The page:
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A case-crossover study of laceration injuries in pork processing.

Authors
Lander-L; Sorock-G; Stentz-TL; Smith-LM; Mittleman-M; Perry-MJ
Source
Occup Environ Med 2012 Jun; 69(6):410-416
NIOSHTIC No.
20040757
Abstract
Objectives: The authors estimated the associations between transient risk factors and laceration injuries in workers at two meatpacking plants in the Midwest. Methods: The case-crossover design was used to collect within-subject transient work task and personal-level exposure information. RRs of laceration injuries were estimated by comparing exposures during the 'hazard' period (just before the laceration injury) with exposures in the 'control' period (the previous workweek). Stratified analyses were utilized to estimate the effects of gender, ethnicity, training and the number of adjacent coworkers on each transient risk factor. Results: The authors interviewed 295 meatpacking workers with laceration injuries (mean age 36.6 years, SD 11.2, 75% men, 48% Hispanic). Recent tool sharpening (RR 5.3, 95% CI 3.8 to 7.4) and equipment malfunction (RR 5.3, 95% CI 3.9 to 7.3) were associated with the highest RR for laceration injury, followed by using an unusual work method to accomplish a task (RR 4.1, 95% CI 2.6 to 6.4) and performing an unusual task (RR 2.3, 95% CI 1.8 to 3.0). Rushing and being distracted were not significantly associated with an elevated RR of a laceration injury. In stratified analyses, there were a number of significant differences in laceration risk factors by gender, ethnicity, training, and number of workers on the line. Conclusions: Sharpening tools, equipment malfunction, using an unusual work method to accomplish a task and performing an unusual task were all associated with increased risk of lacerations. Expanded training in atypical work circumstances and evaluation of tool sharpening procedures are intervention areas in meatpacking that need examination.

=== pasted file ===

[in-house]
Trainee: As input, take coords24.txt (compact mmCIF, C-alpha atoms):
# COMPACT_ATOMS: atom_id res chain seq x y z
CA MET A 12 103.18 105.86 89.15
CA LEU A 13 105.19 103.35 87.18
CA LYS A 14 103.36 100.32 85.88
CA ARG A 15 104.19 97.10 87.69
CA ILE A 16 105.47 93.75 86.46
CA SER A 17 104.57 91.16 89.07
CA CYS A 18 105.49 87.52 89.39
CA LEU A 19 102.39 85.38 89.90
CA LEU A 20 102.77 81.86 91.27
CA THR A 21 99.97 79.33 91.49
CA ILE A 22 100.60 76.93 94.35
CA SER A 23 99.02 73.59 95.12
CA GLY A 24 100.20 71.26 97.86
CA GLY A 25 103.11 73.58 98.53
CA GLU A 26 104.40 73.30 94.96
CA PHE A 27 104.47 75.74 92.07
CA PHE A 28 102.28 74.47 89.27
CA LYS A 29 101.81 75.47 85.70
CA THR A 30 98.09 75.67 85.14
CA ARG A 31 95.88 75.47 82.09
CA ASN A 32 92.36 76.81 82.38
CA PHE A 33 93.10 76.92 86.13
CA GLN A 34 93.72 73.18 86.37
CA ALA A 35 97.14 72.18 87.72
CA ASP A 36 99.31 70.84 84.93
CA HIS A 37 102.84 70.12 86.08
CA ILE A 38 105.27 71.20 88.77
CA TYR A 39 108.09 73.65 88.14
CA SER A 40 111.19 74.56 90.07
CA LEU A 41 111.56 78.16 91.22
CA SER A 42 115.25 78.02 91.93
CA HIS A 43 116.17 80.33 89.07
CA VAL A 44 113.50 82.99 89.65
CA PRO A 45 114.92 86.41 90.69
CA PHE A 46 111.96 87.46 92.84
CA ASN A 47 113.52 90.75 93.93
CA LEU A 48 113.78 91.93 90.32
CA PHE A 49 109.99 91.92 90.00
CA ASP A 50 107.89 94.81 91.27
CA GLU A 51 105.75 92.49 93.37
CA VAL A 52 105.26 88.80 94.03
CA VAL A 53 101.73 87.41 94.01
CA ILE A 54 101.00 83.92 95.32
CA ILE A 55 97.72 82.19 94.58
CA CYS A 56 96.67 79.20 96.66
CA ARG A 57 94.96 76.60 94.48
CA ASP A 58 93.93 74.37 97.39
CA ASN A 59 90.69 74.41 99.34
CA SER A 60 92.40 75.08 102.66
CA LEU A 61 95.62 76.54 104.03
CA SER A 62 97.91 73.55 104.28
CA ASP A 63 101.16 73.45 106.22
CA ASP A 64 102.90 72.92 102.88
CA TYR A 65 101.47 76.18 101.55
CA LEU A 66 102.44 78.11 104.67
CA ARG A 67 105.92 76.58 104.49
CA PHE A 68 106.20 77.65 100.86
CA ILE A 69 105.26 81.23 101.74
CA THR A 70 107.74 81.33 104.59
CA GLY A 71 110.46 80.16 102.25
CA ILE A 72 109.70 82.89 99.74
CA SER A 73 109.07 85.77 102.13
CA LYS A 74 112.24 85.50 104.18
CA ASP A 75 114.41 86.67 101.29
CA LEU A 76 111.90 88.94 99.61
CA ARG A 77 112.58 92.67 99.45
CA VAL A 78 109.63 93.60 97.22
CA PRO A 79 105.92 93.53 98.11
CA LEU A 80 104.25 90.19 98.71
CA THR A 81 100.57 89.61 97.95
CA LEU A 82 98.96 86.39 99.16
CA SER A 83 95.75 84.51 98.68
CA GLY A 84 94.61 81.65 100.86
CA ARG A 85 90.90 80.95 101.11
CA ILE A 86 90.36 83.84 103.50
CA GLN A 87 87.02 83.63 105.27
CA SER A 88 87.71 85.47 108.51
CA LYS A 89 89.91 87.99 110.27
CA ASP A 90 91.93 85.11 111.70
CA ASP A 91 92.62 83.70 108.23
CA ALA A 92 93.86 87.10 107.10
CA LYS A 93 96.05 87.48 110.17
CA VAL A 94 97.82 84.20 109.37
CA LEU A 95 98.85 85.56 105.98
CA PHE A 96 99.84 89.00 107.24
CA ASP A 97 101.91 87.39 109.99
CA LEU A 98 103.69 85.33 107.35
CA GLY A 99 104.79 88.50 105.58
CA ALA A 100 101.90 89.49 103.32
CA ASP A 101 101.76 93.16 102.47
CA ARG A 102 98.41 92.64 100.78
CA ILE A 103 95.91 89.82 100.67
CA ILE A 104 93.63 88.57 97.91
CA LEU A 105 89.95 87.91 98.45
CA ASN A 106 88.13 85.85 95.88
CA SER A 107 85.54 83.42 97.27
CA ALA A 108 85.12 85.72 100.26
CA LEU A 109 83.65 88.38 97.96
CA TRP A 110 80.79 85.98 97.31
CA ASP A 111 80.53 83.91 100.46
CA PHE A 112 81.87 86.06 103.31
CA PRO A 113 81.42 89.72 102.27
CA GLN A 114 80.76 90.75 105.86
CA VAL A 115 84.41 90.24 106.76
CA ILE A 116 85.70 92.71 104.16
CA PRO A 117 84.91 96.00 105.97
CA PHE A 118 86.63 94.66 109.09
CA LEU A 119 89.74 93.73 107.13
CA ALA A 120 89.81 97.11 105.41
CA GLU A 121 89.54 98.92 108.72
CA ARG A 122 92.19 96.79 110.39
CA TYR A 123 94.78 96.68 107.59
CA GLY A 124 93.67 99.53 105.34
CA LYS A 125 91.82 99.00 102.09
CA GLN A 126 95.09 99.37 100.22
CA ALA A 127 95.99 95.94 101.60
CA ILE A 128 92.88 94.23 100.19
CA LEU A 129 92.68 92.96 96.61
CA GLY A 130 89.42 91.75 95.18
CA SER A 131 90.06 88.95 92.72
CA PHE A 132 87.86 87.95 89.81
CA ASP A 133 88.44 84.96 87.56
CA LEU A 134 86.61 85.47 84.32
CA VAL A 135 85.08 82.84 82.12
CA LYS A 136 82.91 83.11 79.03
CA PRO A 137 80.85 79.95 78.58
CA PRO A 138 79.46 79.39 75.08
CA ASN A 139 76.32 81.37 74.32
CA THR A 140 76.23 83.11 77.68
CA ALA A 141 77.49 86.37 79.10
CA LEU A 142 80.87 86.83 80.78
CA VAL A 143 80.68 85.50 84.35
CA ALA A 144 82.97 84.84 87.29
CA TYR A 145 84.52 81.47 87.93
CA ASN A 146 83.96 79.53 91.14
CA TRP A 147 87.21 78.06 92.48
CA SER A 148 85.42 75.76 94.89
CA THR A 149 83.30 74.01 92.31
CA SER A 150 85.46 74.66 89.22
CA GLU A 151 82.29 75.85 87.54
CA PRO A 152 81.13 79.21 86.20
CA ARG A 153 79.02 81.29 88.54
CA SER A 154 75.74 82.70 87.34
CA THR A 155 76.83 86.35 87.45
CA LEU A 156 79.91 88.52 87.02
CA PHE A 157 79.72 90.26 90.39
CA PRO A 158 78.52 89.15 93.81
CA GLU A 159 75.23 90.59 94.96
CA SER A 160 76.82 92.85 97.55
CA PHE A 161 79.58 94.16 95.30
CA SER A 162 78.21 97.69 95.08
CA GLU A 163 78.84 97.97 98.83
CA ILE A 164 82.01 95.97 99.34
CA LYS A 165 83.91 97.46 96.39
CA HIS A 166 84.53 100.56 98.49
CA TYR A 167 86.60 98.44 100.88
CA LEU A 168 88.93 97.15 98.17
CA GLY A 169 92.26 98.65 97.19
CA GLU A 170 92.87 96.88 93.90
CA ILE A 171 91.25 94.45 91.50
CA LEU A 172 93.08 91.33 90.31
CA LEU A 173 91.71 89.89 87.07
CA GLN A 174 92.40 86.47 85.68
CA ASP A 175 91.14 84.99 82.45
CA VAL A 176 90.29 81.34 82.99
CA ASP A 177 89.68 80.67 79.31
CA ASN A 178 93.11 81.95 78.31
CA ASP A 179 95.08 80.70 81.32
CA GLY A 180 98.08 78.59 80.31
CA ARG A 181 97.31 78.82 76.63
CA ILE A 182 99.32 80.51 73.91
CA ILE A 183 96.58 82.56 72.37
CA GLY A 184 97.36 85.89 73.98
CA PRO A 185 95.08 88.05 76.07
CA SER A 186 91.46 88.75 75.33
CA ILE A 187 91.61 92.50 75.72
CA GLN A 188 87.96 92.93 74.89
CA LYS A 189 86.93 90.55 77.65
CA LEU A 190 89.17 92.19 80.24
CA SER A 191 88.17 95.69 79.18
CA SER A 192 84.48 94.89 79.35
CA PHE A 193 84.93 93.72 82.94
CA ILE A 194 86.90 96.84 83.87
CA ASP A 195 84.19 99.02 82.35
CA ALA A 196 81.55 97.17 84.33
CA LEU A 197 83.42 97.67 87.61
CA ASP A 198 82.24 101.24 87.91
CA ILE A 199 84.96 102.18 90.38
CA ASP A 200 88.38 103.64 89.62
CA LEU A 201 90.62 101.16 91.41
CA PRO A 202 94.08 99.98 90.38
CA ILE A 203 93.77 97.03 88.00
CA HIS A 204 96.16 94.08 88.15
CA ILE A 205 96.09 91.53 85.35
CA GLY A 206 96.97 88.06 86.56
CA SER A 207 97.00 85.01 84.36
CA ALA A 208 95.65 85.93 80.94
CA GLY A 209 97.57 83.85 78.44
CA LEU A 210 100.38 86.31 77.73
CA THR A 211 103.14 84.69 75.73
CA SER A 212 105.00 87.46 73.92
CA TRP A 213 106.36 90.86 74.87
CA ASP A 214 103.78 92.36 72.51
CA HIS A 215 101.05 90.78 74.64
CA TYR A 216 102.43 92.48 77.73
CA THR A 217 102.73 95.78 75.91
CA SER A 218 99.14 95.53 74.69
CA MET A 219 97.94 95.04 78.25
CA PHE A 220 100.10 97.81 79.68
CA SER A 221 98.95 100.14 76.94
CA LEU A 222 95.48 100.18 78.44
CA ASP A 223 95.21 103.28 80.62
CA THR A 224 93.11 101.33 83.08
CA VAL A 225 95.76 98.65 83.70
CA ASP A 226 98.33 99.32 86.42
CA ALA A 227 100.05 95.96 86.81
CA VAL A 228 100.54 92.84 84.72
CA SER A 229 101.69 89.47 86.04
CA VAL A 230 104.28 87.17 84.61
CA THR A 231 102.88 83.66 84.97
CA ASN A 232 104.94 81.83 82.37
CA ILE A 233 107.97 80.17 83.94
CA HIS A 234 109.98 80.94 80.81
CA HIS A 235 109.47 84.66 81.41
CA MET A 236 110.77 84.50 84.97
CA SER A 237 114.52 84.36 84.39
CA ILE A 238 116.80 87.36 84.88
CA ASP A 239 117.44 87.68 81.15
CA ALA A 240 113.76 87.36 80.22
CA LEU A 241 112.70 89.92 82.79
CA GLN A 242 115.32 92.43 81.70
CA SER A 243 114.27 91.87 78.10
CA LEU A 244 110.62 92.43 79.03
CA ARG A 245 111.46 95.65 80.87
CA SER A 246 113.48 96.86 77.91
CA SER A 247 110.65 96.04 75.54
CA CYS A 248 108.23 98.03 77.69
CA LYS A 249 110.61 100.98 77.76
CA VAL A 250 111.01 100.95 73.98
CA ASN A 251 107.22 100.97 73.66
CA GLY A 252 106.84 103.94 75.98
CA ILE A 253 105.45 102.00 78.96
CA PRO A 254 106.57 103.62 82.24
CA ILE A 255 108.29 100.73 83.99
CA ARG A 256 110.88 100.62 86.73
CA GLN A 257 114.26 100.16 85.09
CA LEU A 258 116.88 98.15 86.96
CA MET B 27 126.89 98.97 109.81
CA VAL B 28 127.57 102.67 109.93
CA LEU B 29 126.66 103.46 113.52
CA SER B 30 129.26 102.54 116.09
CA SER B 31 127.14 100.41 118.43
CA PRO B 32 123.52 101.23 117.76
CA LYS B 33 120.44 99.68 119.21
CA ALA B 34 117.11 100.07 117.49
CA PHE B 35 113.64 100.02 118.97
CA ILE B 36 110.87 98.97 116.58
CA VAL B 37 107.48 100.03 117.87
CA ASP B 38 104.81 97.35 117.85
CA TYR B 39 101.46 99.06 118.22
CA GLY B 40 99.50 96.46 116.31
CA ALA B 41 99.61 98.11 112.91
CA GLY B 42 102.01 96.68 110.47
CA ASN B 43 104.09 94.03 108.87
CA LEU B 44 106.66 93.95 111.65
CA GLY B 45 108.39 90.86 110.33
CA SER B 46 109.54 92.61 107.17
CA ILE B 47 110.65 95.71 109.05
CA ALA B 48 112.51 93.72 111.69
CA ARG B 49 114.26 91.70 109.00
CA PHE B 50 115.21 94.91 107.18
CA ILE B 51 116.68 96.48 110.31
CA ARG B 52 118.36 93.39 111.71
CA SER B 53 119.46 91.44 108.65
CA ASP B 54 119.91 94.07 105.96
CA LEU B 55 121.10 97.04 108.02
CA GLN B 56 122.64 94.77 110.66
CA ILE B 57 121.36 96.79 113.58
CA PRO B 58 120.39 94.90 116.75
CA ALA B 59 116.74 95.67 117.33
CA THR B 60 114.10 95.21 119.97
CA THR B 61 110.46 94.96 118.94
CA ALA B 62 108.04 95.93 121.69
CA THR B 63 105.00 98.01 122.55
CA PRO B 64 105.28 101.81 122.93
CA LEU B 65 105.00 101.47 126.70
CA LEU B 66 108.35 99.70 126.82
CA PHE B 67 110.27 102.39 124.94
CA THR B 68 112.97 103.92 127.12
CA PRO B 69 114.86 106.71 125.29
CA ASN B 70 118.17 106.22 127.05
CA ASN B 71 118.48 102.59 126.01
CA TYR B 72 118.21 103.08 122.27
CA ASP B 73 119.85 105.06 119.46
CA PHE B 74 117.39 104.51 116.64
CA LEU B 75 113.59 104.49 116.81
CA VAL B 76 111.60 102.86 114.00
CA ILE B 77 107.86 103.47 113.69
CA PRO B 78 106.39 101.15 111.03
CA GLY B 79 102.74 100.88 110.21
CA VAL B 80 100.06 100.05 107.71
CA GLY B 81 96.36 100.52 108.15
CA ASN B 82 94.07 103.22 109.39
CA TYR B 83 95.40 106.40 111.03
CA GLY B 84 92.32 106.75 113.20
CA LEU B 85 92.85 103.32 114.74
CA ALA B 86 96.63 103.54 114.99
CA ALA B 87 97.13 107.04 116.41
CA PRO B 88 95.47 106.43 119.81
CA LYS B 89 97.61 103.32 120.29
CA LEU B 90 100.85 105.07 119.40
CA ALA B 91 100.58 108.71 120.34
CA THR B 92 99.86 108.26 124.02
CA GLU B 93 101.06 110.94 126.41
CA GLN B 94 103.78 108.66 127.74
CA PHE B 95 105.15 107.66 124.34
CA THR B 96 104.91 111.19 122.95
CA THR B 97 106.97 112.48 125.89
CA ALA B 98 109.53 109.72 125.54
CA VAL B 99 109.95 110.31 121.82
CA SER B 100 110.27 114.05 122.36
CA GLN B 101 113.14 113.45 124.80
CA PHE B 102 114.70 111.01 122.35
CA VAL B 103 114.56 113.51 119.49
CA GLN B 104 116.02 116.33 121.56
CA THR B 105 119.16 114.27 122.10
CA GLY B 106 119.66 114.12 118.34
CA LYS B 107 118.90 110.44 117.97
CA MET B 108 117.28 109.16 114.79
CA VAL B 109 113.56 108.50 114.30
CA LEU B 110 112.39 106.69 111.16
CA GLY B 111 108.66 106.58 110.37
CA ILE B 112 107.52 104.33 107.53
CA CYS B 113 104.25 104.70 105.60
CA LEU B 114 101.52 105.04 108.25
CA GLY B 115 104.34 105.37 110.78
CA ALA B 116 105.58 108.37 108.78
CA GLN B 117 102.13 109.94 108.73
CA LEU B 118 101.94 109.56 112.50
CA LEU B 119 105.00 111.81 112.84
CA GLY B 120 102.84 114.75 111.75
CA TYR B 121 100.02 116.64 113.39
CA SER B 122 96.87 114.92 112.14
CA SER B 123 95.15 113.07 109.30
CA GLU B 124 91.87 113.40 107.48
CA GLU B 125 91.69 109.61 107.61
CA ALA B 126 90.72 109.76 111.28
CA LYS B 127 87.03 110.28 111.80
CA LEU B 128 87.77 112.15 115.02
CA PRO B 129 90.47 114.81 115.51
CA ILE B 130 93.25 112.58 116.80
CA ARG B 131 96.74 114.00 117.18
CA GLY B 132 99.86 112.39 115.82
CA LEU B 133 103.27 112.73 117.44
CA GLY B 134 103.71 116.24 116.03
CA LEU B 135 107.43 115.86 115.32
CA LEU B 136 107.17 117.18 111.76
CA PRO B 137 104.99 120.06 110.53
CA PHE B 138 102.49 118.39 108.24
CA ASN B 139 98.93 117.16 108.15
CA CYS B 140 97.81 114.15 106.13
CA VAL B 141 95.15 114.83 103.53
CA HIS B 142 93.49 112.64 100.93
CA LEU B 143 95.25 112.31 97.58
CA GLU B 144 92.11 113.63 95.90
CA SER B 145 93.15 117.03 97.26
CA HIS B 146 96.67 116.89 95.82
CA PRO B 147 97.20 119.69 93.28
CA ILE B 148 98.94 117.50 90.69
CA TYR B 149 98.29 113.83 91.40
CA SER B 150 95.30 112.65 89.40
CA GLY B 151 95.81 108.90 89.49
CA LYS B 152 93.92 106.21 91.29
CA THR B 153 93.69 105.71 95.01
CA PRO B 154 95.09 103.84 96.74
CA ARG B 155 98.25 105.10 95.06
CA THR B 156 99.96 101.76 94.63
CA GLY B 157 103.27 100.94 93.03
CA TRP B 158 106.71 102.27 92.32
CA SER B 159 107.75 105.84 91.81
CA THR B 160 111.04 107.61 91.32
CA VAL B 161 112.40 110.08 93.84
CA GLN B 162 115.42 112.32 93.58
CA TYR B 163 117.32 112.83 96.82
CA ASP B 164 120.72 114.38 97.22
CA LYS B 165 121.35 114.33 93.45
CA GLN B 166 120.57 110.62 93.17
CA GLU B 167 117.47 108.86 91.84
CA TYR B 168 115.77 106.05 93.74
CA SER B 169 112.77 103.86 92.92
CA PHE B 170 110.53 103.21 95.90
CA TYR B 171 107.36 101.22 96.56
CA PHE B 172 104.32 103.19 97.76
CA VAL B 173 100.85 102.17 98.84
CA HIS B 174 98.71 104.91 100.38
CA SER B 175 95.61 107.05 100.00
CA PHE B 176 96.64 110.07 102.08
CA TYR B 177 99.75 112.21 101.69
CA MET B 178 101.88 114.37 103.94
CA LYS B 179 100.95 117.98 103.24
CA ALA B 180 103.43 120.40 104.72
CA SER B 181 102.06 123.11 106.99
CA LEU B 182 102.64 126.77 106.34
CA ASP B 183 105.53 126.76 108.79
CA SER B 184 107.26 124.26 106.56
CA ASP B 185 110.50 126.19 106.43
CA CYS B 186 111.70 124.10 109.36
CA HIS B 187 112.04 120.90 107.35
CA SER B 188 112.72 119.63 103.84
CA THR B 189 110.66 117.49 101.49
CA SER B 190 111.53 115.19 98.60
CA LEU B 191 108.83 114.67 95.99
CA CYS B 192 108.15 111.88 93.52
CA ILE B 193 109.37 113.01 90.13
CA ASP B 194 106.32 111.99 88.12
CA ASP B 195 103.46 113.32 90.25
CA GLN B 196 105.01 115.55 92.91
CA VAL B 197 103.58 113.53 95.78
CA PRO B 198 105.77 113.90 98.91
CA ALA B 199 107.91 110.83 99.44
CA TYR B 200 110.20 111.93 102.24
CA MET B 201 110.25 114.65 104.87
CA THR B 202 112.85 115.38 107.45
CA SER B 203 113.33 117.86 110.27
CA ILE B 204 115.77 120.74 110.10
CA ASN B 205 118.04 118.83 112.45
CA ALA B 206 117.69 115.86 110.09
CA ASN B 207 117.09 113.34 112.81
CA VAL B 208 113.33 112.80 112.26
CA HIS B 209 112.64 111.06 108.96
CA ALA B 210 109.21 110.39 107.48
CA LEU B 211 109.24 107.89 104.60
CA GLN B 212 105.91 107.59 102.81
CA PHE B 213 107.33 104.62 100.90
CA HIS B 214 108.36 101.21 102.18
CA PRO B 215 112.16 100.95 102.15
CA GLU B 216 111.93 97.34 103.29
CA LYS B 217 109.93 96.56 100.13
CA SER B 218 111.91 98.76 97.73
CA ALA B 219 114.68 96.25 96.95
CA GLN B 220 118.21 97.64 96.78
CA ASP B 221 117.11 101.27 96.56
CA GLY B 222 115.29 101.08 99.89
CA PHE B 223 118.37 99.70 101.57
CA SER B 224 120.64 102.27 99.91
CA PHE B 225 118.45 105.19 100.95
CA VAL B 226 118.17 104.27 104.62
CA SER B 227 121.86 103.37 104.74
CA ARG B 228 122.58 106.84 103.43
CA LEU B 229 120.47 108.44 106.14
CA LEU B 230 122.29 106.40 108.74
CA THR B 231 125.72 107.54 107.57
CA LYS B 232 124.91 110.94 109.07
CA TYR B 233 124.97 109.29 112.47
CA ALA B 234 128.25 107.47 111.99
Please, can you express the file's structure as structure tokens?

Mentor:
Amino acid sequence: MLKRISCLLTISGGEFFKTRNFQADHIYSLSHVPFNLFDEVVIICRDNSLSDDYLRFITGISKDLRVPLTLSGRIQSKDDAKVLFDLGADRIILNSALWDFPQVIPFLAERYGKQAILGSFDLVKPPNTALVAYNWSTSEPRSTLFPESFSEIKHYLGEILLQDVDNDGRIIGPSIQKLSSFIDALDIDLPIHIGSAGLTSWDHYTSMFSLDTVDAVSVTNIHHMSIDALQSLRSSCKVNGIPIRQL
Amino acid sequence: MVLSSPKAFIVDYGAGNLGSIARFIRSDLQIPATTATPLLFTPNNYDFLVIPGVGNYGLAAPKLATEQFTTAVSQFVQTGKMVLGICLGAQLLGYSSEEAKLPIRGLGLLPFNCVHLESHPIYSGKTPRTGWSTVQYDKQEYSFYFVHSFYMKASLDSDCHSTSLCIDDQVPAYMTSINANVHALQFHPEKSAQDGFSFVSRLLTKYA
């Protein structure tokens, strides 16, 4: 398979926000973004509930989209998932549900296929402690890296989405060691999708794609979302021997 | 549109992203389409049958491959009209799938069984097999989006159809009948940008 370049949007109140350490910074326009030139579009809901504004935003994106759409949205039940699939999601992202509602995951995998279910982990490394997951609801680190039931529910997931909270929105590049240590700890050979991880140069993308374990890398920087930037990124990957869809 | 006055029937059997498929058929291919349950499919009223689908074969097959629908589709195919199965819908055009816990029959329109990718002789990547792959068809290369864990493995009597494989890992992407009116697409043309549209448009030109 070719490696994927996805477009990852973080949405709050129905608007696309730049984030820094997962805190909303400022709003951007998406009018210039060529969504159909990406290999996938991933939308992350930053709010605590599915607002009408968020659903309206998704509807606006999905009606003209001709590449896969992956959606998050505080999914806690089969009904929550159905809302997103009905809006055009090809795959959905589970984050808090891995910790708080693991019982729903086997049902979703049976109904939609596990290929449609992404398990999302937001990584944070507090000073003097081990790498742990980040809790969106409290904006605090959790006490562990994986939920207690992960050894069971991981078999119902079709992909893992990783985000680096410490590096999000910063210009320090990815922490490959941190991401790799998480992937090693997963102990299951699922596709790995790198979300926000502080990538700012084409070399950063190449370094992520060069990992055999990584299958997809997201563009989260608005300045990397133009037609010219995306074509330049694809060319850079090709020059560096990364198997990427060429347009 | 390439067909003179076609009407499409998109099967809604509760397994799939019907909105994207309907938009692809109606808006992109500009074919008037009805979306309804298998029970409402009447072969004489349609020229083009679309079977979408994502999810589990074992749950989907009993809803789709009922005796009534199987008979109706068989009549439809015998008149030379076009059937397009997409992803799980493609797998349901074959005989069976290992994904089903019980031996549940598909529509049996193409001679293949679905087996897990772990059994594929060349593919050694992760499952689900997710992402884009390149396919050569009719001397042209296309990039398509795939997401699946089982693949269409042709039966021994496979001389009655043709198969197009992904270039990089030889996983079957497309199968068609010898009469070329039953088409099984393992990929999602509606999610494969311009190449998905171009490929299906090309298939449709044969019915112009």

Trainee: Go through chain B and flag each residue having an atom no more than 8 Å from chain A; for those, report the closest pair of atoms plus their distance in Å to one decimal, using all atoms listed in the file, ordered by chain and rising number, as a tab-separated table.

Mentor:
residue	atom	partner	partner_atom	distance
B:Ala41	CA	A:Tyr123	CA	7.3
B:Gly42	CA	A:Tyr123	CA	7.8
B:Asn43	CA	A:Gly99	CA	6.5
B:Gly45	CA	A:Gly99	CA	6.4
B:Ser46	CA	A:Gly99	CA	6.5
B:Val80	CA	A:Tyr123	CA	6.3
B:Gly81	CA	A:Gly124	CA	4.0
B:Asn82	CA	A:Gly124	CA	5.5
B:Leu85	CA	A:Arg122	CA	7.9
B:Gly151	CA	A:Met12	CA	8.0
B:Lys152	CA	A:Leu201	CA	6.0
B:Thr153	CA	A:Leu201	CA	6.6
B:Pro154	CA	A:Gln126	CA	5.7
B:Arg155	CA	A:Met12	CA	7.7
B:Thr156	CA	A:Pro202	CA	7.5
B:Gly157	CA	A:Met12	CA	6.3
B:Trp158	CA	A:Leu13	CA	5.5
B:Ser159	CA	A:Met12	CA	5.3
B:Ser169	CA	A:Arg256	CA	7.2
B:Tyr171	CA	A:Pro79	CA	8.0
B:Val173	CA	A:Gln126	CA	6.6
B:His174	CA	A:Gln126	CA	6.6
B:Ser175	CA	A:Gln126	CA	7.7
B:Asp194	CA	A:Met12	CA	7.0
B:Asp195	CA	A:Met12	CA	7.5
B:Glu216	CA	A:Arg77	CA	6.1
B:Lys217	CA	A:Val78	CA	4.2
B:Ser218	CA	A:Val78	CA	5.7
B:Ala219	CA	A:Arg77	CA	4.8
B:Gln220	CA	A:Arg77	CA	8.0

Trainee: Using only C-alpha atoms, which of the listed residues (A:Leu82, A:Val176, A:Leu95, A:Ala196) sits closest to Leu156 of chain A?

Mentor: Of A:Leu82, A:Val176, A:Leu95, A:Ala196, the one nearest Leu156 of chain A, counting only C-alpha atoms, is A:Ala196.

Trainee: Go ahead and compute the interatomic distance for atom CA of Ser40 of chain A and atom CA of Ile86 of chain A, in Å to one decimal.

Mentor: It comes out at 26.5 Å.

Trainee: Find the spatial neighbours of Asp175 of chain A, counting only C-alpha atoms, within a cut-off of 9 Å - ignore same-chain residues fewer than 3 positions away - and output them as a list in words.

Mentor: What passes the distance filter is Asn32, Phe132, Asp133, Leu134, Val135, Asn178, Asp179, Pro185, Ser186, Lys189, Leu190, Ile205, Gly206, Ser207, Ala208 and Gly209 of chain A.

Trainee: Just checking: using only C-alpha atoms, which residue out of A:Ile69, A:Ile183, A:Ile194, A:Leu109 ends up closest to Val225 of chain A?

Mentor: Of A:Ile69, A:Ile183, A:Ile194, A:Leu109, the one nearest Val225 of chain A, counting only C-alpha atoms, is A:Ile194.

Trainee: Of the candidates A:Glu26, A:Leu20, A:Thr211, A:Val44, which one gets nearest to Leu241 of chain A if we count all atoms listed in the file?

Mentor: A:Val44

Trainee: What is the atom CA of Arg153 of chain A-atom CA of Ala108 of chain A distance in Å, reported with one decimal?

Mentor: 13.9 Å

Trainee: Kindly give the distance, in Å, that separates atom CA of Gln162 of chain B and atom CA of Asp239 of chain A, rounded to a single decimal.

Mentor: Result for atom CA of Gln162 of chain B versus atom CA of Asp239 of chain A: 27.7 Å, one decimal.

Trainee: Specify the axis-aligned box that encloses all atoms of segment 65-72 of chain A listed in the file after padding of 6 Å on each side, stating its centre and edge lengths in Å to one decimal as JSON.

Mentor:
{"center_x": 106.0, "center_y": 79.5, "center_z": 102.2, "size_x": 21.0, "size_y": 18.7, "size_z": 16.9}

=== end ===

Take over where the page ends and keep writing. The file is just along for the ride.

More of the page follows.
Keywords
Meat-handlers; Meat-packing-industry; Employee-exposure; Task-performance; Exposure-assessment; Exposure-levels; Injuries; Cutting-tools; Food-handlers; Food-processing-industry; Food-processing-workers; Risk-factors; Racial-factors; Work-practices; Training; Men; Women; Tools; Equipment-reliability
Contact
Dr Lina Lander, Assistant Professor, Department of Epidemiology, College of Public Health, University of Nebraska Medical Center, 984395 Nebraska Medical Center, Omaha, NE 68198-4395, USA
CODEN
OEMEEM
Publication Date
20120601
Document Type
Journal Article
Email Address
llander@unmc.edu
Funding Type
Grant
Fiscal Year
2012
NTIS Accession No.
NTIS Price
Identifying No.
Grant-Number-R01-OH-008174; B05222012
Issue of Publication
6
ISSN
1351-0711
Source Name
Occupational and Environmental Medicine
State
NE; MD; MA; DC
Performing Organization
Harvard School of Public Health
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